LONDON (Reuters) - European Union banks closed 9,100 branches and cut around 50,000 staff last year, according to data published on Tuesday, as customers increasingly opted for online banking.
The European Banking Federation, which gathered the information, said the number of bank branches in the EU had been reduced to 189,000 at the end of 2016, a 4.6 percent fall on the previous year.
Staff numbers were their lowest since 1997, at around 2.8 million people, according to the analysis.
A total of 48,000 branches have been shut across the bloc since 2008 - a reduction of more than one fifth. But banks hastened closures last year compared with 2015, when 3 percent of branches shut their doors.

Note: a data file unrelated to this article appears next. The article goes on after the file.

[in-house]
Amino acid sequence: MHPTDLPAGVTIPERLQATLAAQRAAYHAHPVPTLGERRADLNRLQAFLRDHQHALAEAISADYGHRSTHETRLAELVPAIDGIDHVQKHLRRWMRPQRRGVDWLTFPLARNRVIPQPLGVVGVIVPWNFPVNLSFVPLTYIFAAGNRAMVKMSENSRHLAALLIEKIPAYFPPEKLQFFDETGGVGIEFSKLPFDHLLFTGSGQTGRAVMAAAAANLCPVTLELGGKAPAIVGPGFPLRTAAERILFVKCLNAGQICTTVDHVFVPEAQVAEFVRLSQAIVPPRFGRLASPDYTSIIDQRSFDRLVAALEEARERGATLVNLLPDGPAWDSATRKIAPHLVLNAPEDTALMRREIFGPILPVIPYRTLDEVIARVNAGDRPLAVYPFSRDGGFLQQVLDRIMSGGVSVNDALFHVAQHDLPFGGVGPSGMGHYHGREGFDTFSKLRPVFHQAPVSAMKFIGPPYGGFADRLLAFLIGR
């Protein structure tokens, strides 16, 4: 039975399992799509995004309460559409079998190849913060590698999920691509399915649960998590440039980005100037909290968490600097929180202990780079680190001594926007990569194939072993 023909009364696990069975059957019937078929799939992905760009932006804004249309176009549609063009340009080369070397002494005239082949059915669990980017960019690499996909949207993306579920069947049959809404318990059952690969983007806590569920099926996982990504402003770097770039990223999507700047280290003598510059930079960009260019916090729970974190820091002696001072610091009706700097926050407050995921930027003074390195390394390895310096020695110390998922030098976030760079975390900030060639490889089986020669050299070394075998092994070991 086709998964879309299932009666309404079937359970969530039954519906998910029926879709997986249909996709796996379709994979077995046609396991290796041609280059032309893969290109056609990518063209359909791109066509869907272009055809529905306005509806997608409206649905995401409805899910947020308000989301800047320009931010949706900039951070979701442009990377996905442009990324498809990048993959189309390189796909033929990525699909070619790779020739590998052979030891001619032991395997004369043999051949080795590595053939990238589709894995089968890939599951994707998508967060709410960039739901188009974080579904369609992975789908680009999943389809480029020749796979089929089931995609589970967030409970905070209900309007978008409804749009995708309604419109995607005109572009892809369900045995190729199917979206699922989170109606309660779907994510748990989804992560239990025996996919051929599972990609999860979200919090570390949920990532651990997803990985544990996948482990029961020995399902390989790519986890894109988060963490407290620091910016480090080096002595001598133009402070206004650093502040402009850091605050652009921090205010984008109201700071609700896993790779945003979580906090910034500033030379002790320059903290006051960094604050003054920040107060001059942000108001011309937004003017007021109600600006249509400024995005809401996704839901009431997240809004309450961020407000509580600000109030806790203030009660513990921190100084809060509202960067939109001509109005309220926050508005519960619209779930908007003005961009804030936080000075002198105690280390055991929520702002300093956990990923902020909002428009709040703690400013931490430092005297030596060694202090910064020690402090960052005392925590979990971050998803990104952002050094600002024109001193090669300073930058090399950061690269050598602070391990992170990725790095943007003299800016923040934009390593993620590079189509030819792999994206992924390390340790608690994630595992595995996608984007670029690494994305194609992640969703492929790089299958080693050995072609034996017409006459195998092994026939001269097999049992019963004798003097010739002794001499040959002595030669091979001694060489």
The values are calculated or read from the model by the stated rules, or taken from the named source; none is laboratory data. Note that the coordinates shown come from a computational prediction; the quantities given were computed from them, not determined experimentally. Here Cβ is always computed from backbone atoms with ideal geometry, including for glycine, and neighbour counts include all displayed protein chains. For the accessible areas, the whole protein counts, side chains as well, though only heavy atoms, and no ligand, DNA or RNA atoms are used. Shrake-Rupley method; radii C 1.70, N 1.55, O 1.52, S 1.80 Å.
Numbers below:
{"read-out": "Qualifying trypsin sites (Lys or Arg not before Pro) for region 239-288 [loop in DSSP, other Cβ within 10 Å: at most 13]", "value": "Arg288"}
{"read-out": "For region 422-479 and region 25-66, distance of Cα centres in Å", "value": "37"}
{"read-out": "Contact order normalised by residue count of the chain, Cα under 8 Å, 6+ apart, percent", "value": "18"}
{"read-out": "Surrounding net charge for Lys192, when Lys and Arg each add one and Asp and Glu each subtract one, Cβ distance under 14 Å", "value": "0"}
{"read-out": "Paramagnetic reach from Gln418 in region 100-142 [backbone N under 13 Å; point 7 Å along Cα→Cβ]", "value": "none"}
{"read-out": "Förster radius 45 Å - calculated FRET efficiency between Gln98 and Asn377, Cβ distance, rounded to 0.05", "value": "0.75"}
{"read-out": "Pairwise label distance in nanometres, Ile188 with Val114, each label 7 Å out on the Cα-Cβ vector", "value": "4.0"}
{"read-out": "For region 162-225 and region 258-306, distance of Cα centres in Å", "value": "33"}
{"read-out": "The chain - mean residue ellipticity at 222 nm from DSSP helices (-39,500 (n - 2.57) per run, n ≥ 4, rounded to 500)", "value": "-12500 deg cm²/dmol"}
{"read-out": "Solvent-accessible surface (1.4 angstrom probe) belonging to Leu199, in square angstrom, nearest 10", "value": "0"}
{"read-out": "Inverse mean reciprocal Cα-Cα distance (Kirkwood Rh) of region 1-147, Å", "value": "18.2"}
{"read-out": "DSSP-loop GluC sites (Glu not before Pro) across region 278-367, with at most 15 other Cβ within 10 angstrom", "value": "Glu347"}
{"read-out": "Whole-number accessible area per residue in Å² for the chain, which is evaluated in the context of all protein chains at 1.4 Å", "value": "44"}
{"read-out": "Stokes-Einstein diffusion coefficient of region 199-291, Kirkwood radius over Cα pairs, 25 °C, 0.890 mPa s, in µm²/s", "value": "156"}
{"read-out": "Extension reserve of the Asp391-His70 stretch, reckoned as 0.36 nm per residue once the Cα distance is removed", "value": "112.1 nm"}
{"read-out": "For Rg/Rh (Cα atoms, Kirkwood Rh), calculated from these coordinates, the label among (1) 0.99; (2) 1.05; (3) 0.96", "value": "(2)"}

With many customers embracing electronic payments and digital and mobile banking and interest rates at rock bottom, banks have slashed their costly brick-and-mortar outlets to save costs.
Low interest rates depress what banks can charge for loans or earn on investments, eroding profits.
Some countries’ banks have responded by closing branches, with British banks alone set to close a record 762 branches this year.
Alternatively banks elsewhere have introduced fees on previously free services, including basic bank accounts and withdrawals, to keep businesses afloat.
Banks also looked to consolidate or merge to increase profitability - a trend that began in 2009. There were 6,596 lenders across the bloc at the end of 2016, down 6 percent on 2015.
Reporting by Emma Rumney; Editing by John O’Donnell and Greg Mahlich
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